The reason why ‘bois locker room’ doesn’t shock us is that ever since childhood we have been told enough times not to be outrageous, to not gather attention, not be like this and that. You can add on to this list if you want, rape culture promotes such ugly acts of systematic violence. I have faced violence from my female friends because of my sexual relations with a male relative. She chose to physically harm me, questioned my morals but casually forgot that the male was equally involved in the act. Men and their morals are rarely questioned for such acts and they get away with it. The more they do, the more they realize that they can ruin lives and get away with it.

A culture where women rights are denied, steals their agency to speak up, to retaliate, the language of power then favors only men and normalizes casual sexism, misogynistic beliefs which we pass on to our next generation. Any place where men acquire a larger space than women, whether in the private or public sphere, really hampers women and their freedom of choice. It limits their participation in the public domain. Whenever they come into the public domain to voice up their opinions, they have always been made aware of their biological identity.

Does being open about my sexual history and choices renders me a bad feminist? Is exploring oneself and their sexuality only reserved for men?

Feminism is the utmost liberation of women and their sexual agency as well as normalizing society to the fact that it is not only men who can be sexually active. It was not until when I tried to understand feminism that I understood that those casual acts of sexism are not casual but foster ghastly notions of patriarchal values. Women are quite familiar with phrases, “Oh, don’t bring your feminism here“, “I am not a feminist but I believe in equality“, “Feminism is for women“. What it shows is that feminism has still quite a journey to go. Whenever women’s issues are raised, “men’s issues” get raised, not as support but as counter-arguments.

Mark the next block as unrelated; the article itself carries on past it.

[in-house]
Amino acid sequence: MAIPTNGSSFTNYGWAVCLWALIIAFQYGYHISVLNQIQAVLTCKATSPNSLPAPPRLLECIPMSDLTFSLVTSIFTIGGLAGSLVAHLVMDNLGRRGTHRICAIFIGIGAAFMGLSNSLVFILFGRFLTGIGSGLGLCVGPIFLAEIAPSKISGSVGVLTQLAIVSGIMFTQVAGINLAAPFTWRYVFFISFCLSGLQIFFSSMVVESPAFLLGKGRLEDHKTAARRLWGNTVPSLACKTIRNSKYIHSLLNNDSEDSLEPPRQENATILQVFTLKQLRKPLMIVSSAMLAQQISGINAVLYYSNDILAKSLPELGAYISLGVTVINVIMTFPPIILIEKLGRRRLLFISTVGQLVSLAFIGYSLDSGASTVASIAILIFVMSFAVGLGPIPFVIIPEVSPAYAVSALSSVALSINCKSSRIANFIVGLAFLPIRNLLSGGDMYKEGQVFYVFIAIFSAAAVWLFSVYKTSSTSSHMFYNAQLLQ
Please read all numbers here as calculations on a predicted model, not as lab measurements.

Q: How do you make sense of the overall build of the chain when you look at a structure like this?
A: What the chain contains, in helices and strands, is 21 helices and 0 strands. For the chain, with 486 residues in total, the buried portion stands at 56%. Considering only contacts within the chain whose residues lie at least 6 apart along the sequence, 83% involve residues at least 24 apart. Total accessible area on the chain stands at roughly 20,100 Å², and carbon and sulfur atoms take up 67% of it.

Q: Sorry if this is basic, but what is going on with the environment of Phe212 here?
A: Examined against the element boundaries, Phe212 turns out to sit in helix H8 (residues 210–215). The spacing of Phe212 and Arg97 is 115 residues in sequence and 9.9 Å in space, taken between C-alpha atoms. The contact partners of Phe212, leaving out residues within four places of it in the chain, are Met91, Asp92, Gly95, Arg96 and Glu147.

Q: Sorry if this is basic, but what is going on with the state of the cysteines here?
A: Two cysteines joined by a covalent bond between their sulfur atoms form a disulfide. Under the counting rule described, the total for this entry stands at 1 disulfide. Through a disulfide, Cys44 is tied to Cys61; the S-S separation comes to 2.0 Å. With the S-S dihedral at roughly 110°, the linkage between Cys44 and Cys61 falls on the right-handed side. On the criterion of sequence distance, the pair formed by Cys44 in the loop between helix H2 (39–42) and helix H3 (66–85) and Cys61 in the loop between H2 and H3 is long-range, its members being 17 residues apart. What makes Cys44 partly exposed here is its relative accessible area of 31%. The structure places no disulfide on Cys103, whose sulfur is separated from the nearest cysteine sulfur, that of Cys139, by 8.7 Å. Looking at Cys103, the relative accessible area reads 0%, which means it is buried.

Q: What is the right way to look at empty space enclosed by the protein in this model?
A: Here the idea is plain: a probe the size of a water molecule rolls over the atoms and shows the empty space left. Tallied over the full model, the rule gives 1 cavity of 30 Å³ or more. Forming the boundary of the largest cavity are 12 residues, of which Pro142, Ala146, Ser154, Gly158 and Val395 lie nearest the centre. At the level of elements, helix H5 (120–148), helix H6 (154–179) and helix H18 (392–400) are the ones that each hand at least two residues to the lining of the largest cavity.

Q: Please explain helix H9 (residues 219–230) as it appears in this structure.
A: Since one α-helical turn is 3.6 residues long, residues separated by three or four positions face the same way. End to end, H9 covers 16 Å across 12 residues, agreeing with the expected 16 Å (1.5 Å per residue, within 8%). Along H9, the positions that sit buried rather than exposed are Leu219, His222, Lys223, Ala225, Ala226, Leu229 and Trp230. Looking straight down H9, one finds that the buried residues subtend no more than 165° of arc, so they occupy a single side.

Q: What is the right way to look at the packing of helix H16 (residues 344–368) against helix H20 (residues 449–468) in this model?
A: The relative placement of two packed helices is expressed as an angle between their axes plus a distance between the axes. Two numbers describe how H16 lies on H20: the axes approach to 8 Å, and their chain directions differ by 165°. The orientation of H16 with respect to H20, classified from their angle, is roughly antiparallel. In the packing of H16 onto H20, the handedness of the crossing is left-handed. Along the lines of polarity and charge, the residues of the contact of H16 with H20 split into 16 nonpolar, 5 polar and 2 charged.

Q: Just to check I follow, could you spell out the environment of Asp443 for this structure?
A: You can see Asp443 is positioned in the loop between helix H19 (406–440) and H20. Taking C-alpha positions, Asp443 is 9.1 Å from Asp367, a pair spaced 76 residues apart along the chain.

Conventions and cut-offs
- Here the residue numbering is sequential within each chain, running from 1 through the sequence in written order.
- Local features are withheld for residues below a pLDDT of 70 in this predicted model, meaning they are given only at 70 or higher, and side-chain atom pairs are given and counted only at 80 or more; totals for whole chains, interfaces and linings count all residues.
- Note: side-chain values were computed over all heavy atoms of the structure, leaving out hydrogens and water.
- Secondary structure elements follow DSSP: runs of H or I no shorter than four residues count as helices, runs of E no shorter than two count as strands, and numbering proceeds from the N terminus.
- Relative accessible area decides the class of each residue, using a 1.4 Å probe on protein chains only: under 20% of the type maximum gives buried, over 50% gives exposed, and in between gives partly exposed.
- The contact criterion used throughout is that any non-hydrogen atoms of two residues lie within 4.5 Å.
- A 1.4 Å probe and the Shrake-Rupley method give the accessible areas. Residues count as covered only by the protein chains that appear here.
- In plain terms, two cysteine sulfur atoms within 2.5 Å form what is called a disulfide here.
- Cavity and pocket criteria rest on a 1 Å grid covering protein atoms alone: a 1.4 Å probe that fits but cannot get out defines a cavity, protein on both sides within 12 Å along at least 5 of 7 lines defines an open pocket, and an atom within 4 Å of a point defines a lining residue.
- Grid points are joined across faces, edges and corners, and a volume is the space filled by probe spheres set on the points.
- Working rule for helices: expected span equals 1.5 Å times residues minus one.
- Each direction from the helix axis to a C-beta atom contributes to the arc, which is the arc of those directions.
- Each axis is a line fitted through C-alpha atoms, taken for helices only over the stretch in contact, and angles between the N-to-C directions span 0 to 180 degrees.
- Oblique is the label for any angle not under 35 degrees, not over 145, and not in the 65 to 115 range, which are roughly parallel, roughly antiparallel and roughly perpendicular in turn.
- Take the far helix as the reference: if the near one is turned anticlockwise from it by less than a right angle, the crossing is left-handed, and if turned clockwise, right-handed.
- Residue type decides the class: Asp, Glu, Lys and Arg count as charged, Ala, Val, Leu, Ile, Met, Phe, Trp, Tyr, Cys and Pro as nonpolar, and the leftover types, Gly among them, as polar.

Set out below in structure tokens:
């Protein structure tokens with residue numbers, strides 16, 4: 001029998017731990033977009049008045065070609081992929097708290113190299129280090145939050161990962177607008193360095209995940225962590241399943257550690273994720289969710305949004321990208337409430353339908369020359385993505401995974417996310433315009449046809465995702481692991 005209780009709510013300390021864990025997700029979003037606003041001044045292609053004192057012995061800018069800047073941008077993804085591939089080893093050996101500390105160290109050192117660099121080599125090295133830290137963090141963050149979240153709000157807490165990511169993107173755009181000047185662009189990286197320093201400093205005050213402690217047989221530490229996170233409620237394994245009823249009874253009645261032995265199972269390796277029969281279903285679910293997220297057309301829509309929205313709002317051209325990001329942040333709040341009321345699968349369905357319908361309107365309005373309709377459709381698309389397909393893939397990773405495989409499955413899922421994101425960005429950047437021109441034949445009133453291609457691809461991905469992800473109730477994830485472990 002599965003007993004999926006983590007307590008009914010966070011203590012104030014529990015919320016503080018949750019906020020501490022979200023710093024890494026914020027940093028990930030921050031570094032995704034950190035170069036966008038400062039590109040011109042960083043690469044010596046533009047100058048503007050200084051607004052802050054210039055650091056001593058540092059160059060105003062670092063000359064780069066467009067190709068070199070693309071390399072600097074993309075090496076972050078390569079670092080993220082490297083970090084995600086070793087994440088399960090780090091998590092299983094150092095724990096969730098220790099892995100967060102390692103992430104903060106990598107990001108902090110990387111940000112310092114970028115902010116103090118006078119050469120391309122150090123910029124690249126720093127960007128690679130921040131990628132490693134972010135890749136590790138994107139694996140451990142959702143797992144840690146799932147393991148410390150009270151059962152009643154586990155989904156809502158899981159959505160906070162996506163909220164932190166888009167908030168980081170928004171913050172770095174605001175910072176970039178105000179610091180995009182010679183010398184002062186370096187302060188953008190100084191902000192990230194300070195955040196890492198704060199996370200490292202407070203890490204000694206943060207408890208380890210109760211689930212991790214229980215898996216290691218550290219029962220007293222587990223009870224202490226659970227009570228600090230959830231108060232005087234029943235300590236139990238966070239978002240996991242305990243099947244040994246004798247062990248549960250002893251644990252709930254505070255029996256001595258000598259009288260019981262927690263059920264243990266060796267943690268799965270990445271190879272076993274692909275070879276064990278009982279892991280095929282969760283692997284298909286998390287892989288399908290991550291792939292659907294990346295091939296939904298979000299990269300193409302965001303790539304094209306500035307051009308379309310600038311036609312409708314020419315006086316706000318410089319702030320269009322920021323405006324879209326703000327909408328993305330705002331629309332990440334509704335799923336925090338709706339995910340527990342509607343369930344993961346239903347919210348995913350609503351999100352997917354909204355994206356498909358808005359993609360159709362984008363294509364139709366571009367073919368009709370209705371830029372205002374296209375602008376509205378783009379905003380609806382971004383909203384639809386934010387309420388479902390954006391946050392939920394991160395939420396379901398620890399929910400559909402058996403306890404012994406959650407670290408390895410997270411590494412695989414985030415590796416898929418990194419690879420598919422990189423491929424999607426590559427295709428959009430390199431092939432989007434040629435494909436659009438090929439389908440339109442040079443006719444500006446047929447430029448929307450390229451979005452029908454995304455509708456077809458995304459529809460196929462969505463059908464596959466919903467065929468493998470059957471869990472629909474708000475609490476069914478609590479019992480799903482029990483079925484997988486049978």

Also read: The Media Needs To Use Better Images When It Reports Rape | #GBVinMedia

A culture where women rights are denied, steals their agency to speak up, to retaliate, the language of power then favors only men and normalizes casual sexism, misogynistic beliefs which we pass on to our next generation. Any place where men acquire a larger space than women, whether in the private or public sphere, really hampers women and their freedom of choice. It limits their participation in the public domain. Whenever they come into the public domain to voice up their opinions, they have always been made aware of their biological identity.

Just after three months of my incident I went to Rajasthan for an internship, I came across a woman who was saddened by the fact she is being paid less than her male counterpart. It made me wonder how she is aware of the disparity without knowing or reading about feminism. And then it hit me: feminism is not just a theory anymore, but a praxis.

Feminism for modern women and working-class women have different connotations; a woman fighting for her rights in a working-class environment might not understand Feminism, but she still struggles to get back her basic rights. On the other hand, modern women not only have an understanding of feminism but also have the privilege to share their stories of oppression. The difference is between privilege and struggle. While these stories are important and in no way should be undermined, it is equally imperative to listen to those unheard stories where the intolerable structure of patriarchy functions.

In a recent movie thappad Tapsee Pannu says, “Uss ek thapad se mujhe woh saari unfair cheeze saaf saaf dikhai dene lag gayi, jinhe mei abhi tak andekha karti ari thi,” , it is for many of us, that one encounter which has changed the meaning of our lives and visibilised those unfair encounters and experiences. What is really shocking that we do not have enough tools or parameters to recognize an assault or in some cases rape.

Also read: The Media Needs To Stop Sympathising With Rapists | #GBVinMedia

Our education in this context has failed miserably to address these issues; it has never focused on respecting boundaries, to be a decent human being. Forcing yourself is not an act of bravery but an act of cowardice. This is the time to acknowledge uncomfortable truth that assaulting someone in a public bus or marital rape are not hapless crimes but instead someone choose to do so and its frightening. 


Manisha Kumari, pursuing Masters in Social Exclusion and Inclusive Policy, Jamia Millia Islamia. I live in New Delhi. I am Delhi based activist I have been involved in several protests and demonstrations. 

Featured Image Source: Feminism In India